Two Ways of Looking at How to Solve the Environmental Crisis

This blog was inspired by a book1

There are two main and largely opposing views on how to address the current environmental crisis, which prevail amongst scientists, governors, businessmen and stakeholders alike. On one hand, prophets believe that the only way to escape societal breakdown and ecological disaster is to reduce our per capita consumption, adopt more sustainable lifestyles, and decrease our individual ecological footprint. On the other hand, wizards have faith in science and engineering, and believe that technology will continue to rise to the challenges we face.

To address the increasing food demand, wizards call into play genetically modified organisms (GMOs), which can be – and are being – used to maximise the yield of farms, improve crops’ resistance to pests, and ultimately produce more food/calories per acre. For example, while most plants are limited in their ability to convert energy from the sun (i.e., photosynthesis) due to photorespiration, 3% of the plants on Earth have developed evolutionary adaptations (i.e., C4 photosynthesis) that make them way more efficient photosynthesisers. Successfully transferring these mechanisms into other crop species such as rice, through genetic engineering, could increase food productivity by 50%. This is what many research groups have been working on throughout the last few decades, hoping to crack the code in the foreseeable future to sustain the growing food demand. Contrary to popular belief, there is no scientific evidence that GMOs are bad for our health2.

On the other hand, prophets argue that regardless of the extent to which science will be able to progress and advance, unless we decrease our per capita consumption, natural habitats are doomed, as they will inevitably be lost to make room for increasing farms. As habitats disappear, biodiversity and wildlife are also lost. Prophets also appreciate the intrinsic value of nature, and suggest that if each one of us could be more sustainable in our lifestyles, we would be able to protect natural landscapes and populations from anthropogenic destruction and extinction whilst still being able to feed an increasing human population.

Front cover of the book that inspired this blog.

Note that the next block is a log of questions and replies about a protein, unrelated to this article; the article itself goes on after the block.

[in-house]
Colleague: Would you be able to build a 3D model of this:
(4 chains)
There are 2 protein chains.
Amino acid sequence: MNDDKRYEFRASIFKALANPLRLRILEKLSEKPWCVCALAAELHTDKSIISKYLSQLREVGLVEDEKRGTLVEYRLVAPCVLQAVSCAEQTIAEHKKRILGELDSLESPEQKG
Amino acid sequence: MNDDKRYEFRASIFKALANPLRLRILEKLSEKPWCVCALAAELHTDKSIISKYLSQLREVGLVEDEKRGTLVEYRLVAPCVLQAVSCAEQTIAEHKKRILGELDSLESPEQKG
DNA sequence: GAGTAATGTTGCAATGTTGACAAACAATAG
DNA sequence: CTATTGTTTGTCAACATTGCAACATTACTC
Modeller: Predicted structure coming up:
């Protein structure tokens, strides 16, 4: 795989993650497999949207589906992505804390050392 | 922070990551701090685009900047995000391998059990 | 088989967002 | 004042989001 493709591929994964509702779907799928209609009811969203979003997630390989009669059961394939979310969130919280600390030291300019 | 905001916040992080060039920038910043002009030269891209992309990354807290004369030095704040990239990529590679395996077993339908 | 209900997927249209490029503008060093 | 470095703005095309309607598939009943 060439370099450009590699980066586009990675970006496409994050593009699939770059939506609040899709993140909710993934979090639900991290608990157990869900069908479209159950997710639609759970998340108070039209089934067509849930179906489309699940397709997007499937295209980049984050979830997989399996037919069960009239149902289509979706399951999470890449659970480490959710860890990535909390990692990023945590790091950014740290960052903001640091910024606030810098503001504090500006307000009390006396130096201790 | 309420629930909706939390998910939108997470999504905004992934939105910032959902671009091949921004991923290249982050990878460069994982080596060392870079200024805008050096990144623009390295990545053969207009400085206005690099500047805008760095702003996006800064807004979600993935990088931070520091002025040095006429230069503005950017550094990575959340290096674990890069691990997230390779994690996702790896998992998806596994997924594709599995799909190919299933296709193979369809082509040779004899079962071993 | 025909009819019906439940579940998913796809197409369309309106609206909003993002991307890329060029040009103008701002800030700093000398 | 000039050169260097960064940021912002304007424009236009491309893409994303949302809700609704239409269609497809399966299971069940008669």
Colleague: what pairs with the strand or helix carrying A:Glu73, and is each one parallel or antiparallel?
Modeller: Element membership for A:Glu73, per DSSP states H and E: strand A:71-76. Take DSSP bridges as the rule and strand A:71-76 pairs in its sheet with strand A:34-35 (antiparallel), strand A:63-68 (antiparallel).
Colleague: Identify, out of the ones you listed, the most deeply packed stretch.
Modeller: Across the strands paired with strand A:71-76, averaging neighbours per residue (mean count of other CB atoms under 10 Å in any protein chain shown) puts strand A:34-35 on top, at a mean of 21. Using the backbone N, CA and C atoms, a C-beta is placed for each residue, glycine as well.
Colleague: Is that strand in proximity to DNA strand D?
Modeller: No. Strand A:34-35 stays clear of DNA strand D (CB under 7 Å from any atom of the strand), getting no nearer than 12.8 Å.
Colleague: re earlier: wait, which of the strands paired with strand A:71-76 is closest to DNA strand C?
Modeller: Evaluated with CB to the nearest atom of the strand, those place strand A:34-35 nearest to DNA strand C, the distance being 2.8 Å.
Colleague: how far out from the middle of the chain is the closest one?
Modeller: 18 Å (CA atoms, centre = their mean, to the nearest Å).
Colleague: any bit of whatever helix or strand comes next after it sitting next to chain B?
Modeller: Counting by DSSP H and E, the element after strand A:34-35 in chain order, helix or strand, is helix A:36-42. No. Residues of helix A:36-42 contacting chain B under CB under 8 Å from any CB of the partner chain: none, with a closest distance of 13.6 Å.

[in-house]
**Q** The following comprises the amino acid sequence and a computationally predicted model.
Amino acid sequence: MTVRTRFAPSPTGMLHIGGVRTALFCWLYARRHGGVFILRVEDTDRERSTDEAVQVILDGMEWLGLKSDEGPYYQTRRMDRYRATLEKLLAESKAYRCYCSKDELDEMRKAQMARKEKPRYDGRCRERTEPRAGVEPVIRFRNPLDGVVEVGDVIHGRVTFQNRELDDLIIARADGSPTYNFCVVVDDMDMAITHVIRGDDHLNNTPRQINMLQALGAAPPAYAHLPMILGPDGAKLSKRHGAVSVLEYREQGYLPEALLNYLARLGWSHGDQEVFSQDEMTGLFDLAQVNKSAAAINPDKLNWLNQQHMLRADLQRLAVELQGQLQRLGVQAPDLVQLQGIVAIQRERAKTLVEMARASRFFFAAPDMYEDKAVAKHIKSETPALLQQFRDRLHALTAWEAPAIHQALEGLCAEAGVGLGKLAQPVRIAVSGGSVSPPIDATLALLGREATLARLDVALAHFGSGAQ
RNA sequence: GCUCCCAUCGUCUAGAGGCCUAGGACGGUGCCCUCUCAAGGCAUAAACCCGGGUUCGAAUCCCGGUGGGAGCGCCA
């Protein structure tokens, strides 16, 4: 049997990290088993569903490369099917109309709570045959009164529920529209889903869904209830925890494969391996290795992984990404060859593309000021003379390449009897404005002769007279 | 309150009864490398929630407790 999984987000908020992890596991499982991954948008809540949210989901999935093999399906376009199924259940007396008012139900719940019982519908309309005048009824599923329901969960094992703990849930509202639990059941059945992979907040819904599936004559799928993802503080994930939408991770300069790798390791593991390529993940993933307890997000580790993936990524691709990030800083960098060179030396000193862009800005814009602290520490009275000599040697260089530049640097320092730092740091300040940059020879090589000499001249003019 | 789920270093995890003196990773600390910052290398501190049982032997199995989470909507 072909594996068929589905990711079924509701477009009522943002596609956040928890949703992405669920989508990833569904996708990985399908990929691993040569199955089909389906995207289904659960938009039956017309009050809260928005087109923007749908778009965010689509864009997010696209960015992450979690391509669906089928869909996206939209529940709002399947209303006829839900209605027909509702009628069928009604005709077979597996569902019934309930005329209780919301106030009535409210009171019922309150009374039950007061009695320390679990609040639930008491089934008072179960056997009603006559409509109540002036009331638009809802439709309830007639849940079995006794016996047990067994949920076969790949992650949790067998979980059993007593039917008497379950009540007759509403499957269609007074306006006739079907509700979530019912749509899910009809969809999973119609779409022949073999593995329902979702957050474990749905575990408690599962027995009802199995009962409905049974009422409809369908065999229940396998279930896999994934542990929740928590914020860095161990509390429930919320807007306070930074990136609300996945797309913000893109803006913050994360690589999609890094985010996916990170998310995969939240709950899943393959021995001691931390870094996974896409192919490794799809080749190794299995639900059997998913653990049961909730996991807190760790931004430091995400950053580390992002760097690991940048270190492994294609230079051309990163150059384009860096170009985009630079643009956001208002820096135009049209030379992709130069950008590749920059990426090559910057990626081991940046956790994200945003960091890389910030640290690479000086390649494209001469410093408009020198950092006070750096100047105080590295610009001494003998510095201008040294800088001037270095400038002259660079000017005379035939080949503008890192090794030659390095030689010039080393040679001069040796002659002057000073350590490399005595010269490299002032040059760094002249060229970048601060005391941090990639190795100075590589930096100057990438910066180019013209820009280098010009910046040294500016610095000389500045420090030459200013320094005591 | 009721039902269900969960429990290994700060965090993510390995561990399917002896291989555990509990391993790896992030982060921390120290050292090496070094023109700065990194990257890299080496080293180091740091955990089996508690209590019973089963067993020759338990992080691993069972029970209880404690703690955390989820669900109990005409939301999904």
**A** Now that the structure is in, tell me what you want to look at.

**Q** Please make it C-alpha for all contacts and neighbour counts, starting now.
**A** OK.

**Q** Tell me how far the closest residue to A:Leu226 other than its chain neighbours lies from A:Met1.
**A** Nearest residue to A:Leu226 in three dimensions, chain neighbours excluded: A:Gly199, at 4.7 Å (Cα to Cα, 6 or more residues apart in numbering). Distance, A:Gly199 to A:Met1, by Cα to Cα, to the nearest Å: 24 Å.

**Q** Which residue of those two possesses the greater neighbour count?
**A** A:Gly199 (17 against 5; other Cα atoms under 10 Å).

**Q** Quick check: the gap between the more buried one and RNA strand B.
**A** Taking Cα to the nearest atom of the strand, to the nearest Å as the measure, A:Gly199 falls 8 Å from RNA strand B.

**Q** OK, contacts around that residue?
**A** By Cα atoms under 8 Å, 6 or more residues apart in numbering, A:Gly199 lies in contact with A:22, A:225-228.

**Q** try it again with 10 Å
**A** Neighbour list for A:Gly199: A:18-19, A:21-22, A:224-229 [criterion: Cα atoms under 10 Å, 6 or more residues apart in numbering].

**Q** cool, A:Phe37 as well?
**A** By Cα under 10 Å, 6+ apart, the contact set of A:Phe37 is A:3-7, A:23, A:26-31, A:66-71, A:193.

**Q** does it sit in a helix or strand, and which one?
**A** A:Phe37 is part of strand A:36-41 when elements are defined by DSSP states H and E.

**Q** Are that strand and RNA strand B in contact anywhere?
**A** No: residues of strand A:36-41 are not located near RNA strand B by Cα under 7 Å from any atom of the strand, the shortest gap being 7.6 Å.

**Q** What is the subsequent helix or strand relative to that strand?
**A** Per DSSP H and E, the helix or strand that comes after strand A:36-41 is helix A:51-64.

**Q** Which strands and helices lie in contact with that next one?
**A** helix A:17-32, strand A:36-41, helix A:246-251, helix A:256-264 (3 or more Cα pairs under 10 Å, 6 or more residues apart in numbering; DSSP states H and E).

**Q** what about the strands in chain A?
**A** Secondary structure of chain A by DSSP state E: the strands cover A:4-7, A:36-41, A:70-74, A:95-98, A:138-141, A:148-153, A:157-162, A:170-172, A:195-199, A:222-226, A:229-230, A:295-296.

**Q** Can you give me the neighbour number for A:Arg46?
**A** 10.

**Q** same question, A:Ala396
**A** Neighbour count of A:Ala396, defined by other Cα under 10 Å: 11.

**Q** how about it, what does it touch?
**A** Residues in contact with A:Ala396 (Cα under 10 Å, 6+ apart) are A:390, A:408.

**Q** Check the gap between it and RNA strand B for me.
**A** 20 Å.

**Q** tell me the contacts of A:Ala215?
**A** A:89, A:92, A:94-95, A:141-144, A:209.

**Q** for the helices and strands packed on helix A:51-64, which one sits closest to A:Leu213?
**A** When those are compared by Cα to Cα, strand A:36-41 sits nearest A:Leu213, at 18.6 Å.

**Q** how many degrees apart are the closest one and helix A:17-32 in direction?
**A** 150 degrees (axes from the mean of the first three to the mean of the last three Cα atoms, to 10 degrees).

To concerns relating to water scarcity, wizards respond by proposing increased investments in desalination plants, which involve extracting salt from seawater to make it drinkable and more usable by people. They also propose building large dams, especially near cities where water demand is generally highest, to create water reserves using local rivers.

Prophets, however, disagree with these approaches, especially because of their environmental and ecological consequences. For instance, desalination plants could take a heavy toll on ocean biodiversity3. Similarly, the construction of dams can significantly affect fish diversity, and also cause deforestation, as it would require roads to be built to provide access to the dam sites4. People are also often displaced from their land to make space for dams5. What prophets suggest instead, is to promote a more sustainable use of water, with less wastage at the household level, and to increase the efficiency of the current systems.

Energy wise, wizards advocate for centralised fossil fuel and nuclear energy sources. They argue that modern energy infrastructures have been assembled over the course of the decades and cannot be dismantled overnight. Moreover, the world has been heading towards fossil fuels recently, not away from them, they argue, and this would make it inherently hard to achieve a prompt shift away from them which may instead take decades.

Wizards also emphasise that we can use geoengineering to overcome issues associated with fossil fuel use (e.g., climate change). For instance, this would involve adopting systems such as Carbon Capture and Storage (CCS) which would capture waste carbon dioxide from sources (e.g., factories) and transport it to permanent storage sites, usually underground. As of 2017, at least 21 commercial-scale carbon capture projects are operating around the world with 22 more in development. Thus far, CCS systems look like they will be able to achieve 14% of global greenhouse gas emissions reductions by 20506. Another practice supported by the wizards, which may sound even more sci-fi, includes pumping sulphuric acid in the atmosphere, a practice known as “stratospheric aerosol injection”. This practice would create a global dimming effect by generating a reflecting shield that would reflect sunlight and cool Earth7.

Prophets, on the other hand, advocate for small scale, distributed, renewable and low-impact energy sources. They also promote a more sustainable energy use, to decrease demand. Moreover, they criticise geoengineering not only for its potential environmental and ecological side effects, but also on moral grounds, since this practice would be the final touch to ultimately desacralise nature. Furthermore, the prophets suggest that the idea of fighting pollution with pollution (i.e., stratospheric aerosol injection) would be a distraction from the urgent social reforms needed for the future.

Where do you stand?

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  1. Mann, C.C., 2018. The wizard and the prophet: Two remarkable scientists and their dueling visions to shape Tomorrow’s world. Knopf.
  2. Nicolia, A., Manzo, A., Veronesi, F. and Rosellini, D., 2014. An overview of the last 10 years of genetically engineered crop safety research. Critical reviews in biotechnology34(1), pp.77-88.

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